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Susan Branson

Susan Branson

Contact Information:

512 Eggers Hall

Susan Branson

Professor and Chair, History Department


  • 2024 Spring
    • HST 339 Science and Society
  • 2023 Fall
    • HST/WGS 340/342 Women in America: 17th Century to the Civil War
  • 2022 Fall
    • HST 101 American History to 1865
  • 2022 Spring
    • HST 339 Science and Society

Highest degree earned

Ph.D., Northern Illinois University, 1992


Susan Branson’s training is in the social history of early America. The topics of her dissertation and first two monographs stem from her interest in gender roles and gender relations in American society during the early republic (spanning roughly the years between the 1780s and the 1830s).

Her first book, "These Fiery Frenchified Dames" (University of Pennsylvania Press, 2001) examines women’s changing public roles as they resulted from the social, cultural and political forces at work in American society in the last two decades of the eighteenth century. Her second book, "Dangerous to Know: Women, Class and Crime in the Early Republic" (University of Pennsylvania Press, 2008) investigates the intersection of crime, class and gender in the early nineteenth century.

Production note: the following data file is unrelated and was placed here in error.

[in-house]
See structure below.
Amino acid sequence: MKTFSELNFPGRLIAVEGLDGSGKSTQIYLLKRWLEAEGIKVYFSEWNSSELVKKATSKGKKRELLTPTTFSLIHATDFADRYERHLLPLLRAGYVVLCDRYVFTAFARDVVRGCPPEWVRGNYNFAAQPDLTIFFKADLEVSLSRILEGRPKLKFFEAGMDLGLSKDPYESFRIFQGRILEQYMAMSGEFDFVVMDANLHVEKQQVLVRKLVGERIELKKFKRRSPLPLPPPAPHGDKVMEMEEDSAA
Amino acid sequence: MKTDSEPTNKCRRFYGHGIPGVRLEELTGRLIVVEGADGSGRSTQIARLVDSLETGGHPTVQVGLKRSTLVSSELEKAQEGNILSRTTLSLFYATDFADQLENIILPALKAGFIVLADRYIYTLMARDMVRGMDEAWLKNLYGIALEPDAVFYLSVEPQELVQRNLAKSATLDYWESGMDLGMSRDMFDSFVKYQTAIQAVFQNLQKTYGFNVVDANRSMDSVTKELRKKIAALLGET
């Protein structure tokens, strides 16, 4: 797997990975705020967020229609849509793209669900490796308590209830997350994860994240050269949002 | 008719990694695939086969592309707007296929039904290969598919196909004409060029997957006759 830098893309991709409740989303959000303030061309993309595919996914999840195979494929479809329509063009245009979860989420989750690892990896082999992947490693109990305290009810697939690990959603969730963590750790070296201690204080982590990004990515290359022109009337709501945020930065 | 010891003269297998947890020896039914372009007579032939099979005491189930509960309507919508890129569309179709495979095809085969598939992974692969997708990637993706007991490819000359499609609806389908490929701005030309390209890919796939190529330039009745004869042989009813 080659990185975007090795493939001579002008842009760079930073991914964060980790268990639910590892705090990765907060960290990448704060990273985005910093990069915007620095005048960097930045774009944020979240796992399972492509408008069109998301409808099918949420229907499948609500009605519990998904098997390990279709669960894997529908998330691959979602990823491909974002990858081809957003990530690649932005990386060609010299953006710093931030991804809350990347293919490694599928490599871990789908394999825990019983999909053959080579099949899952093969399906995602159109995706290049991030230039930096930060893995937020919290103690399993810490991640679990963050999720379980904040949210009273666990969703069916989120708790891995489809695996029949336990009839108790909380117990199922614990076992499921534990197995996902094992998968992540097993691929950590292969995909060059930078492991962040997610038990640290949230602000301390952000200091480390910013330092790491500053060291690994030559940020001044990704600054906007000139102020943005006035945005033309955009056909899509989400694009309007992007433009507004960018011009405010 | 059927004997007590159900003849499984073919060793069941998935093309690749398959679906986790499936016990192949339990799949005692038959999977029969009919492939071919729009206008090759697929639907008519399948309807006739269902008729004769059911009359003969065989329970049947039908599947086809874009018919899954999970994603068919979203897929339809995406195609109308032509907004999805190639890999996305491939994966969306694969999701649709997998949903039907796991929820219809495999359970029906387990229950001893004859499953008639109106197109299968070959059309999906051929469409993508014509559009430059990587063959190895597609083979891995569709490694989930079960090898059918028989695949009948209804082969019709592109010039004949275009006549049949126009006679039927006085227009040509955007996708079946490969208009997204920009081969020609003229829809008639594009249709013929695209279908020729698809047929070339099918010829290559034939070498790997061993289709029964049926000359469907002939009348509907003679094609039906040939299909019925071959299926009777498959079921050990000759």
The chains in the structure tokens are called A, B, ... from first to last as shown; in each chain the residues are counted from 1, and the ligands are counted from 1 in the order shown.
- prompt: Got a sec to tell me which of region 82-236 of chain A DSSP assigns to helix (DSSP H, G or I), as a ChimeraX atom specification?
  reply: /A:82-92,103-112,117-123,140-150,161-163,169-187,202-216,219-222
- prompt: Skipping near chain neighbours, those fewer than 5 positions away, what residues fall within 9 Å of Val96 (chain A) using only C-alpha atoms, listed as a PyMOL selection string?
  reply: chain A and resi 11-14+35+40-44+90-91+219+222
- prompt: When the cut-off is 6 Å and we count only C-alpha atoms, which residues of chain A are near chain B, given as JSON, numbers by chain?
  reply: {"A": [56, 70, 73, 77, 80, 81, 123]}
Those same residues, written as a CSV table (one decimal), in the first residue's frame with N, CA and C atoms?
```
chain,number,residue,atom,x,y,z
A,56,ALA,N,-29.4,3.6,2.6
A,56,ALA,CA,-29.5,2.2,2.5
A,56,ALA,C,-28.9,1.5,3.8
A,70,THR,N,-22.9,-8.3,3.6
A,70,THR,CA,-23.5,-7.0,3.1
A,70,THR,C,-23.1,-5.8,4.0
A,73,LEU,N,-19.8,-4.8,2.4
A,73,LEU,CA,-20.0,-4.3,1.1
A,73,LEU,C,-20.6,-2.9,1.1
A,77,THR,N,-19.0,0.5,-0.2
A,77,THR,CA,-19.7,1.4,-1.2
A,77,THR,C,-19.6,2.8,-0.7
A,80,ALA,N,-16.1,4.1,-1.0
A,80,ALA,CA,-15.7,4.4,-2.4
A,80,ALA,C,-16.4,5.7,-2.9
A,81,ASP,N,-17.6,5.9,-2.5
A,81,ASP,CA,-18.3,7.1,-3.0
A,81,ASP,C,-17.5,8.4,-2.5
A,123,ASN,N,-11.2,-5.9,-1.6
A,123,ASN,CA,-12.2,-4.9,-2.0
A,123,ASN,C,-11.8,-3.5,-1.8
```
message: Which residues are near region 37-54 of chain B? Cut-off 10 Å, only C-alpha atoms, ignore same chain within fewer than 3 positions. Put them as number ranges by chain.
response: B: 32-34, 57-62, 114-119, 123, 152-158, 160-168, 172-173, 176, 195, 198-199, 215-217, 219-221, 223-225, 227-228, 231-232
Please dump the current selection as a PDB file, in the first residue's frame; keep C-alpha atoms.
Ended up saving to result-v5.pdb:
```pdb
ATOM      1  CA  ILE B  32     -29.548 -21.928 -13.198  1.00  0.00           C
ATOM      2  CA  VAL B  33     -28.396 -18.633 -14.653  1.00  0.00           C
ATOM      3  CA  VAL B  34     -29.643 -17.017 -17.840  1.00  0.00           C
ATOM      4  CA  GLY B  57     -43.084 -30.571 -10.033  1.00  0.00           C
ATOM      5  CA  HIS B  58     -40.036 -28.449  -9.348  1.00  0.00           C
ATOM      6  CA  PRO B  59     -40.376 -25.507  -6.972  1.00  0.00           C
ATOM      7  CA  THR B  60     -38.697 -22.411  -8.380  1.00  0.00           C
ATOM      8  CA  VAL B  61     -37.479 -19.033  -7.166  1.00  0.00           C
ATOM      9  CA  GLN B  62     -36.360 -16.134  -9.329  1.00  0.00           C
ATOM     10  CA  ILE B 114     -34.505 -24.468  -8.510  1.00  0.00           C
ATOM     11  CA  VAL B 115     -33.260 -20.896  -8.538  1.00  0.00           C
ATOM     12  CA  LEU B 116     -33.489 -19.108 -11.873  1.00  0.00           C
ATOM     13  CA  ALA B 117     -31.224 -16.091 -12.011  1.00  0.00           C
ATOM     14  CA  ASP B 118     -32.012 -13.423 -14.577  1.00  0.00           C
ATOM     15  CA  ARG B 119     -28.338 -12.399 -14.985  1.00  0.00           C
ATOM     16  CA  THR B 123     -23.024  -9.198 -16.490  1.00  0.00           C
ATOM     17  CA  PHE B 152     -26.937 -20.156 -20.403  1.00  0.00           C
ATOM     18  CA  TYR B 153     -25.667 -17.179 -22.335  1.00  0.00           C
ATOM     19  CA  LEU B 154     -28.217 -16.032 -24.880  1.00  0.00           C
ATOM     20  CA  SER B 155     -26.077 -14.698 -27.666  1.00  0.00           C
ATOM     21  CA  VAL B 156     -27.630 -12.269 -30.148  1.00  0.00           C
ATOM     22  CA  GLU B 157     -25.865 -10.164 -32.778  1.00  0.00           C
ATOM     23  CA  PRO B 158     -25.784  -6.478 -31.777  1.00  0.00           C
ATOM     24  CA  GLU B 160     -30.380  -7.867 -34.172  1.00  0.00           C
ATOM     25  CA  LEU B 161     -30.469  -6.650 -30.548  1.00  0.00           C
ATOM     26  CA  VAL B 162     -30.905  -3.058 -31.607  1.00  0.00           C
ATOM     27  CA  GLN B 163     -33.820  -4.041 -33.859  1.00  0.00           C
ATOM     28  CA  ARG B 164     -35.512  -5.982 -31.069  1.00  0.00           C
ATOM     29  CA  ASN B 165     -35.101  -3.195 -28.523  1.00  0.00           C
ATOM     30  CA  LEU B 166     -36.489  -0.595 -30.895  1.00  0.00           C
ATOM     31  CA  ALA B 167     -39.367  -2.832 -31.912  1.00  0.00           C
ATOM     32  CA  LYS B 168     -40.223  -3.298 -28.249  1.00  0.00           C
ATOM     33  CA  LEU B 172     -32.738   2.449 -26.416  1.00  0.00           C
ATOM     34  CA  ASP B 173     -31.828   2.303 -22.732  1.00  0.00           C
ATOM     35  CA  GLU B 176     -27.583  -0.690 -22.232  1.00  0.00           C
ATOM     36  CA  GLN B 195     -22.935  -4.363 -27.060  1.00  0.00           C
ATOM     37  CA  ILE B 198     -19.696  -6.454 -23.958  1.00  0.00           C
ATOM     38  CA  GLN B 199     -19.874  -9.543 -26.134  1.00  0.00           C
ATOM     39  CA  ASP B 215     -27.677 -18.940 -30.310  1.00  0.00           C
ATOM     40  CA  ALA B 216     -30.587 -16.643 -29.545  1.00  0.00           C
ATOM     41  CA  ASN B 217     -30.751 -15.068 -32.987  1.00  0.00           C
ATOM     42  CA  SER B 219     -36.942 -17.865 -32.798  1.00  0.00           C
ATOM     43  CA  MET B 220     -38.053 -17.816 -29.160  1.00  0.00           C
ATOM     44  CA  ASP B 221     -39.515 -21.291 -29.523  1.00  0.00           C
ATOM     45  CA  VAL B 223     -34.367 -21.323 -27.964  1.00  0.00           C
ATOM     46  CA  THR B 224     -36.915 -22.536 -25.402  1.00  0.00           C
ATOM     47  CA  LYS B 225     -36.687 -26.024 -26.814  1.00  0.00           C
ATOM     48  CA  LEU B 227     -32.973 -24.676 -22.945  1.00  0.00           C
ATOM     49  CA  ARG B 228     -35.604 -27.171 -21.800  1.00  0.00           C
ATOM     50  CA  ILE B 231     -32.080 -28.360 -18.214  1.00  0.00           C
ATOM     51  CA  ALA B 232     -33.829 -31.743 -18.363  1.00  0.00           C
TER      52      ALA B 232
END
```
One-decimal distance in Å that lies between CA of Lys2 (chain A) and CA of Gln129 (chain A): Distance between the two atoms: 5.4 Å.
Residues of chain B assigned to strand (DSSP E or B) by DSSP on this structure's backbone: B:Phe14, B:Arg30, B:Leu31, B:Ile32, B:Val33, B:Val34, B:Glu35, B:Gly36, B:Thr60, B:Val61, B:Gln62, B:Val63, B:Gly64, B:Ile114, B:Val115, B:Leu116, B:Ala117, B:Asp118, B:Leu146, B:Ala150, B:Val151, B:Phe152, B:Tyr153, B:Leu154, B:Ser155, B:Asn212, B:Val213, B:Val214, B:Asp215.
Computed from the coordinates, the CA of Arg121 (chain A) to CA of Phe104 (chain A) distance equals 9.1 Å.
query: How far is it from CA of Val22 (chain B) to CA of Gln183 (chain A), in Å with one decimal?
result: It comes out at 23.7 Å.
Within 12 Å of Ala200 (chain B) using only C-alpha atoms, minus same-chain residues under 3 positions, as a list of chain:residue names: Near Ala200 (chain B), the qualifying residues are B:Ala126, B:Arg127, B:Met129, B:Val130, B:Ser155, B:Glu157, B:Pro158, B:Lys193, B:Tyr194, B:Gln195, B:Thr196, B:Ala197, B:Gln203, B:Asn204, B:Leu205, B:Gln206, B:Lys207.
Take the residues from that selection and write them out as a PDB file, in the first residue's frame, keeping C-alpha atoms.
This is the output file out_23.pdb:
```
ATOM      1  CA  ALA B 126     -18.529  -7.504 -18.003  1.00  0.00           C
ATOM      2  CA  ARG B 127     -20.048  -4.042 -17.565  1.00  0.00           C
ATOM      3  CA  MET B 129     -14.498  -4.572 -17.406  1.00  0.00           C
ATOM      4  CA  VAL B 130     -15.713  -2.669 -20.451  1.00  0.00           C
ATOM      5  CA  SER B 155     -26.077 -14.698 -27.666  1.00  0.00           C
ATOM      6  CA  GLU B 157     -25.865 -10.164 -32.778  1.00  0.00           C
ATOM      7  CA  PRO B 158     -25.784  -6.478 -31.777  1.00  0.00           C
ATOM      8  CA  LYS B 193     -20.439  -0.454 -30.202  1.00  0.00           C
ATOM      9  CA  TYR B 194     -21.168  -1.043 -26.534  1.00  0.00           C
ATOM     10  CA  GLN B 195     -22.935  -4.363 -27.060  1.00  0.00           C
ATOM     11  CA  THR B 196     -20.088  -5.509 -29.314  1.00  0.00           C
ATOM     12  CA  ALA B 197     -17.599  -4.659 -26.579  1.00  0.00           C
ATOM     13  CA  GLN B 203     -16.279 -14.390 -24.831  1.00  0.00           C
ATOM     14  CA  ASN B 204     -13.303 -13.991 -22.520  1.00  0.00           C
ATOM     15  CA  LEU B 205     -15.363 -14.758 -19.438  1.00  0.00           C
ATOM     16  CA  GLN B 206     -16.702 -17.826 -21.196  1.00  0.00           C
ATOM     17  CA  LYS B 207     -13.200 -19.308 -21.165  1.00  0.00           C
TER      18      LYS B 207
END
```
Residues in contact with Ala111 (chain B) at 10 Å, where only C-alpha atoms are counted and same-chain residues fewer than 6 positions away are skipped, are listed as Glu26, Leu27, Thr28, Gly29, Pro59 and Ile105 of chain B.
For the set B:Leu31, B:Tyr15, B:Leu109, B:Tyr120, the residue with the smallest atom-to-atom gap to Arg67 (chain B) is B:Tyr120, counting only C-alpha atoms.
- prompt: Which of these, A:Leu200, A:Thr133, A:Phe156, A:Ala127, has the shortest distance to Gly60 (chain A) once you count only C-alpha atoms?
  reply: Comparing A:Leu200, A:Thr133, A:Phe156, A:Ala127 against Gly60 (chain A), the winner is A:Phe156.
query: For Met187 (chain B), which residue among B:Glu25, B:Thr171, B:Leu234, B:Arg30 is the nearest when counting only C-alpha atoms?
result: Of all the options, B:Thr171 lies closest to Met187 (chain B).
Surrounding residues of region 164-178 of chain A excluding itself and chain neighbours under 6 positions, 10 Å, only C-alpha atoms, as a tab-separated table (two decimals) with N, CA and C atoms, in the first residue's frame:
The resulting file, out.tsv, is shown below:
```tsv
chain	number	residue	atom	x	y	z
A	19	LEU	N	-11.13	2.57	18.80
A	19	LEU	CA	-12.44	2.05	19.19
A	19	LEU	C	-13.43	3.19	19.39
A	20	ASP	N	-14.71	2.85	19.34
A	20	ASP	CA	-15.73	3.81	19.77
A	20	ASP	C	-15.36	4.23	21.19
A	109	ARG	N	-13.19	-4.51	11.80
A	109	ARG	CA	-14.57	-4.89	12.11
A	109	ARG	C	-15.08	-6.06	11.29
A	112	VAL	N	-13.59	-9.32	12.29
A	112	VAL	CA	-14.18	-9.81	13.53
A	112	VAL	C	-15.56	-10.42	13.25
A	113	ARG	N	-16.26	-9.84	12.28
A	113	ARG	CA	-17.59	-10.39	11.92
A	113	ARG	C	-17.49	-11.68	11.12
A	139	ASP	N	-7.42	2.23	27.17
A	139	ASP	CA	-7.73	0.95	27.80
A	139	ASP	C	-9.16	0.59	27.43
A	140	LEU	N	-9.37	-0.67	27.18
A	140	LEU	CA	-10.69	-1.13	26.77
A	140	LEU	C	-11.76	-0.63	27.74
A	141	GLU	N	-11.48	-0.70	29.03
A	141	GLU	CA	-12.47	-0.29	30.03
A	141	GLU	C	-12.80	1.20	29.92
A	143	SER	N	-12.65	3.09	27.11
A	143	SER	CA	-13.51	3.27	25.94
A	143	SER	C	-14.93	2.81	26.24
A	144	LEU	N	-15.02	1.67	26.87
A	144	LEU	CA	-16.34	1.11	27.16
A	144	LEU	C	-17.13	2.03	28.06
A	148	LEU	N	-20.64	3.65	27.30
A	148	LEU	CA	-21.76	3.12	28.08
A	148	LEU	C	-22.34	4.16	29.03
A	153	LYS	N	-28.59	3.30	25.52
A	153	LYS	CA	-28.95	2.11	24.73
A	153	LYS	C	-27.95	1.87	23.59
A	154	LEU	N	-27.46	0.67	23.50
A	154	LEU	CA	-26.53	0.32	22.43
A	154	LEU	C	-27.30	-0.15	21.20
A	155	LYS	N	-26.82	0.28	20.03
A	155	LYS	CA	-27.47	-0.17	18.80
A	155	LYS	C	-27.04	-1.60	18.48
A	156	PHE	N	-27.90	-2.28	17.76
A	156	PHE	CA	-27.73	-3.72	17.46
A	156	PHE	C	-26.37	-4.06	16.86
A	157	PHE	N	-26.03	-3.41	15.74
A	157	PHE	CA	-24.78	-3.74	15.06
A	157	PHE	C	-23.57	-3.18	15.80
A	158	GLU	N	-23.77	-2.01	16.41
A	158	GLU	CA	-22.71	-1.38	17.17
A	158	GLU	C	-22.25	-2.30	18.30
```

Currently, Professor Branson is completing a book entitled "Consuming Science in American Society, 1700-1860," which considers why certain sciences and technologies suited the interests and agendas of American society at crucial moments in the nation’s development. The monograph develops lines of inquiry emerging in historical scholarship regarding three inter-related topics: the promotion of scientific education and practices among non-elites, the place of science and technology in American culture, and the development of nationalism and national identity in the early republic and antebellum eras.

Exploring the ways Americans chose to promote, celebrate and characterize discoveries, inventions and mammoth civic projects explains how Americans expressed a belief that the United States was a rising empire. She places special emphasis on how material culture was integral to how people experienced, interacted with and were introduced to science and technology—often in the guise of entertainment. Professor Branson teaches courses on women in early America, the American frontier, food in American society, and American science and technology.

Areas of Expertise

Early American women, early American society and culture, science and American society